Another Annoying Blogvertisement From JupiterResearch


As previously discussed, New York-based JupiterResearch wants to have its cake and eat it, too: Sell high-priced research for many thousands of dollars a year, but also be relevant and visible by having its analysts participate in the global conversation.  It’s a tough balancing act.  Some of Jupiter’s analysts manage to pull it off, inserting valuable nuggets of data or insight into their blog posts while keeping other valuable stuff (presumably) for their subscribers.  Others, however, do the company far more harm than good by relentlessly advertising paid products that the blog readers don’t have access to.   

Today’s sinner?  Online video analyst Nate Elliott, who clogged our RSS feed with what amounted to a press release touting all the amazing reports that we can’t read.   Given that the whole thing is an ad, we’re sure he won’t mind if we reproduce it in its entirety after the jump (although next time, we’re going to insist on payment).  Here’s a hint, though.  Don’t bother to click.

Nate Elliott [July 31, 2007, 01:14 PM

Regular readers know I’m a big fan of online video (and online video advertising), so I’m excited that we’ve published several good reports on the topics lately.

Last month I released our European Online Video Webtrack report. We spent time reviewing the video content and video advertising on more than 50 leading European websites, and combed our most recent European online advertiser executive survey, to answer the following questions:

  • How many European Web sites offer in-stream video advertising?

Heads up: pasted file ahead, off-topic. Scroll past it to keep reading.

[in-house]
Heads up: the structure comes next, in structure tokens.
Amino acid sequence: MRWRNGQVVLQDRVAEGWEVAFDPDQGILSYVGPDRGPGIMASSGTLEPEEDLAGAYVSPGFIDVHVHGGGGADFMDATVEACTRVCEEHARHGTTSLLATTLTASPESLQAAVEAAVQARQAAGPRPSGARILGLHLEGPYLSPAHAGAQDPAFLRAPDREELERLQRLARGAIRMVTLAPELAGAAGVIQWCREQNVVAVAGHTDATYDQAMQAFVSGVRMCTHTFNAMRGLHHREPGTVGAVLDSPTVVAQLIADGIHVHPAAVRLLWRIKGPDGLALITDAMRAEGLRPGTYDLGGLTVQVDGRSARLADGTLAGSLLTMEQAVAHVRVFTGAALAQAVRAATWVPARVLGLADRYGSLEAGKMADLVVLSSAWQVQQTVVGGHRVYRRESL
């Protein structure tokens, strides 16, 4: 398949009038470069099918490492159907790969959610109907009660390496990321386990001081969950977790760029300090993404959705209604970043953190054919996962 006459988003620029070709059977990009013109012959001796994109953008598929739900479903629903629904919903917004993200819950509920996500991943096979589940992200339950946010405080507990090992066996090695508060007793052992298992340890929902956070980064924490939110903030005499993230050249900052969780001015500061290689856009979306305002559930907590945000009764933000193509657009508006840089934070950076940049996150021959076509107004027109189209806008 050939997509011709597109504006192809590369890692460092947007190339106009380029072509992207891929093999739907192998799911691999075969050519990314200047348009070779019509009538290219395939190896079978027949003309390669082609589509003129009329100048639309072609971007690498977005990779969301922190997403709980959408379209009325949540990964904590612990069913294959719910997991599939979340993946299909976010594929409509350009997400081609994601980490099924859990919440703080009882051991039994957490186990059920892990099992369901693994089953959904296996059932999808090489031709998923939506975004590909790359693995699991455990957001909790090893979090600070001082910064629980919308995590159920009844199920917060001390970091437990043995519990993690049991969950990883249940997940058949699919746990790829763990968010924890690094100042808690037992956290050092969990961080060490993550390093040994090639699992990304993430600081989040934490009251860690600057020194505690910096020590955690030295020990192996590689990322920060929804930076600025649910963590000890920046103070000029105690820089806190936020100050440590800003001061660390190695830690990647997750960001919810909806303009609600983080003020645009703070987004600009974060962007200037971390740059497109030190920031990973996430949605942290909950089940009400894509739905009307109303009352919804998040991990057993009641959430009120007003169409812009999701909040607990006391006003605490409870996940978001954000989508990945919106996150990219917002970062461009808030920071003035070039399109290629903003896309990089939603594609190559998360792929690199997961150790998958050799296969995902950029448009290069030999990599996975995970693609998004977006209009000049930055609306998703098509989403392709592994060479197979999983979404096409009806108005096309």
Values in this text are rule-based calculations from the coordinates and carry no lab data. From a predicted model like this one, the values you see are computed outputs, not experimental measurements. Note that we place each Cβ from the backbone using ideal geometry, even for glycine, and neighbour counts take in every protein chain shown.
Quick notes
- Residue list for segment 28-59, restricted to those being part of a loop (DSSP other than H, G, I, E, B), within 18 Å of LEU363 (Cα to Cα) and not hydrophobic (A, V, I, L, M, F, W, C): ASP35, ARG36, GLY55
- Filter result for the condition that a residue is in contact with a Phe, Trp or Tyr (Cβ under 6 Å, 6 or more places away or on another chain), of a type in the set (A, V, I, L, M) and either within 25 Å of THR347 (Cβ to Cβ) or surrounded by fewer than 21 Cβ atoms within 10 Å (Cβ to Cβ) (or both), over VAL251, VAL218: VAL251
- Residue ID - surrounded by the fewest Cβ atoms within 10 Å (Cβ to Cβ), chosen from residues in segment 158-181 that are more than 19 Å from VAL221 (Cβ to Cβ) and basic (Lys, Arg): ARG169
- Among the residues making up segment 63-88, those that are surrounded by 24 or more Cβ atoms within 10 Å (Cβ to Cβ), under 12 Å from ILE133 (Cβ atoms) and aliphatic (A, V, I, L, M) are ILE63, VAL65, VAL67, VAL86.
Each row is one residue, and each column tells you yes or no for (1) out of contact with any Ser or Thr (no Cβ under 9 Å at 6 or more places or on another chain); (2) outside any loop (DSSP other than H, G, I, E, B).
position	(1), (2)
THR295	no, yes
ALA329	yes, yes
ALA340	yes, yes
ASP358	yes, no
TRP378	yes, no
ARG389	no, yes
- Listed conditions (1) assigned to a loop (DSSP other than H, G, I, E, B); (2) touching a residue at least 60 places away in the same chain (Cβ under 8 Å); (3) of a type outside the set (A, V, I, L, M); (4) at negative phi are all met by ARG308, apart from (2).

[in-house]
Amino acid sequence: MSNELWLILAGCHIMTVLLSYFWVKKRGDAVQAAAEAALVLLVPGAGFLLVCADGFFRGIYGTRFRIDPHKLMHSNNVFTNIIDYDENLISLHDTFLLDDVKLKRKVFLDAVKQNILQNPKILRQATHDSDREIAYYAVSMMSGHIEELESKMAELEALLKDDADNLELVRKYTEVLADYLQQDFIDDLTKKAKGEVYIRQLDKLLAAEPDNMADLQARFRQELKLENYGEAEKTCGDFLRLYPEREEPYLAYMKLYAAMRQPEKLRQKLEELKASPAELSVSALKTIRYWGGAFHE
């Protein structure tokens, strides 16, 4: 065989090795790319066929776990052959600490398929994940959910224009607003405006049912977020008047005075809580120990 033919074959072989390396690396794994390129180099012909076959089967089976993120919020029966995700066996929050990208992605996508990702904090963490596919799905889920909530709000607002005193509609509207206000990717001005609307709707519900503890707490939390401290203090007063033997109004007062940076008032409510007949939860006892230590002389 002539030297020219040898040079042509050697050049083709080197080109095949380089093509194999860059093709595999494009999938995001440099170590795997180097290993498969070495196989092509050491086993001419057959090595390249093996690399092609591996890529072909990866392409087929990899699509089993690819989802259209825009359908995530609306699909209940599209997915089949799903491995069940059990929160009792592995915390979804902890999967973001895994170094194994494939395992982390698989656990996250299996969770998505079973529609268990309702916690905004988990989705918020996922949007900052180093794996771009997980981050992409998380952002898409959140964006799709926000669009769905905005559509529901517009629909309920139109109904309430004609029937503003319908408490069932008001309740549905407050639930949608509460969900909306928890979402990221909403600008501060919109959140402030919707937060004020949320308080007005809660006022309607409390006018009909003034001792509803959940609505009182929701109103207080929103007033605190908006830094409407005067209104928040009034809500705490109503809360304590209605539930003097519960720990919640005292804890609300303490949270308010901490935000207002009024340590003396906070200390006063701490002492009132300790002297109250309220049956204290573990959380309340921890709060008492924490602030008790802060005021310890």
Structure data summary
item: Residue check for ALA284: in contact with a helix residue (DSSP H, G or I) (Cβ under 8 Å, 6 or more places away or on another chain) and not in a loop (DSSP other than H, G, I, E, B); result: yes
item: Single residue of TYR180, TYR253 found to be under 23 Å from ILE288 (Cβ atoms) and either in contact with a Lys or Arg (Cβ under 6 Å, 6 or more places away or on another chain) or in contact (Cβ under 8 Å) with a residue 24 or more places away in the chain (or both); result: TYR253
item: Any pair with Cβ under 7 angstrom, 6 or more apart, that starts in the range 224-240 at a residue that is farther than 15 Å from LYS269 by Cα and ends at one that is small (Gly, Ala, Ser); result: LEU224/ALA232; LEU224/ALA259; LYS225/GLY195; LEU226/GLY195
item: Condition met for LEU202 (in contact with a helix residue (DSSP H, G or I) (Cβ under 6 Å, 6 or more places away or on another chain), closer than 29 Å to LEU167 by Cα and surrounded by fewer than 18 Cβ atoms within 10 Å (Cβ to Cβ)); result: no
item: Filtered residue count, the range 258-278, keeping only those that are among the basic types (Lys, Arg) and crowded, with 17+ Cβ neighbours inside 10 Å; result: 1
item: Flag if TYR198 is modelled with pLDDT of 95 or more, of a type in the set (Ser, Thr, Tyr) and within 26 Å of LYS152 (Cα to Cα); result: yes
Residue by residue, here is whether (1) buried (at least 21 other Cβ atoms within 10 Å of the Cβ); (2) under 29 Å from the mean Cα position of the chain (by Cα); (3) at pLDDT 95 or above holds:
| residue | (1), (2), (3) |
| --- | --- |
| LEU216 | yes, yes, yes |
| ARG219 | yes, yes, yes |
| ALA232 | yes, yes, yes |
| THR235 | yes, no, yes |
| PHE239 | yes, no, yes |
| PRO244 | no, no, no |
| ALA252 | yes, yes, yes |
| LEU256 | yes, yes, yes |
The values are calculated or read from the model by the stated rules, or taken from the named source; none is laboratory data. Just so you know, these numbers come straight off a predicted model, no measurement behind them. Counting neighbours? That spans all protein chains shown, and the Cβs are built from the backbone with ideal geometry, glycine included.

• What types of advertisers run in-stream video ads, and how will their usage change in the next year?
  • What creative formats are in-stream video advertisers using?

Last week my colleague Joe Laszlo published a report on online video advertising in the US called Thinking Creatively to maximise Effectiveness. He explores some next-generation ideas around online video ads to answer these questions:

  • How much advertiser interest is there in online video ads this year?
  • What advertising formats beyond in-stream video are garnering interest for monetizing video content?
  • How should advertisers and agencies assess the success of video or video-related campaigns?

We’ve published some research recently on the content side of online video as well. Mark Mulligan’s excellent European Media Consumption report covers trends in TV and Internet use in Europe and dives deep into online video trends; and Nick Thomas’ European Online Video Consumption report explores the differences in usage between short-form video sharing sites (ie YouTube) and long-form professional video sites (ie Joost).

Finally, today I’m finishing up new research on best practices for in-stream video ads; to help sites and advertisers take advantage of this format without making life too painful for users. Look for that report to be published in the next couple of weeks.

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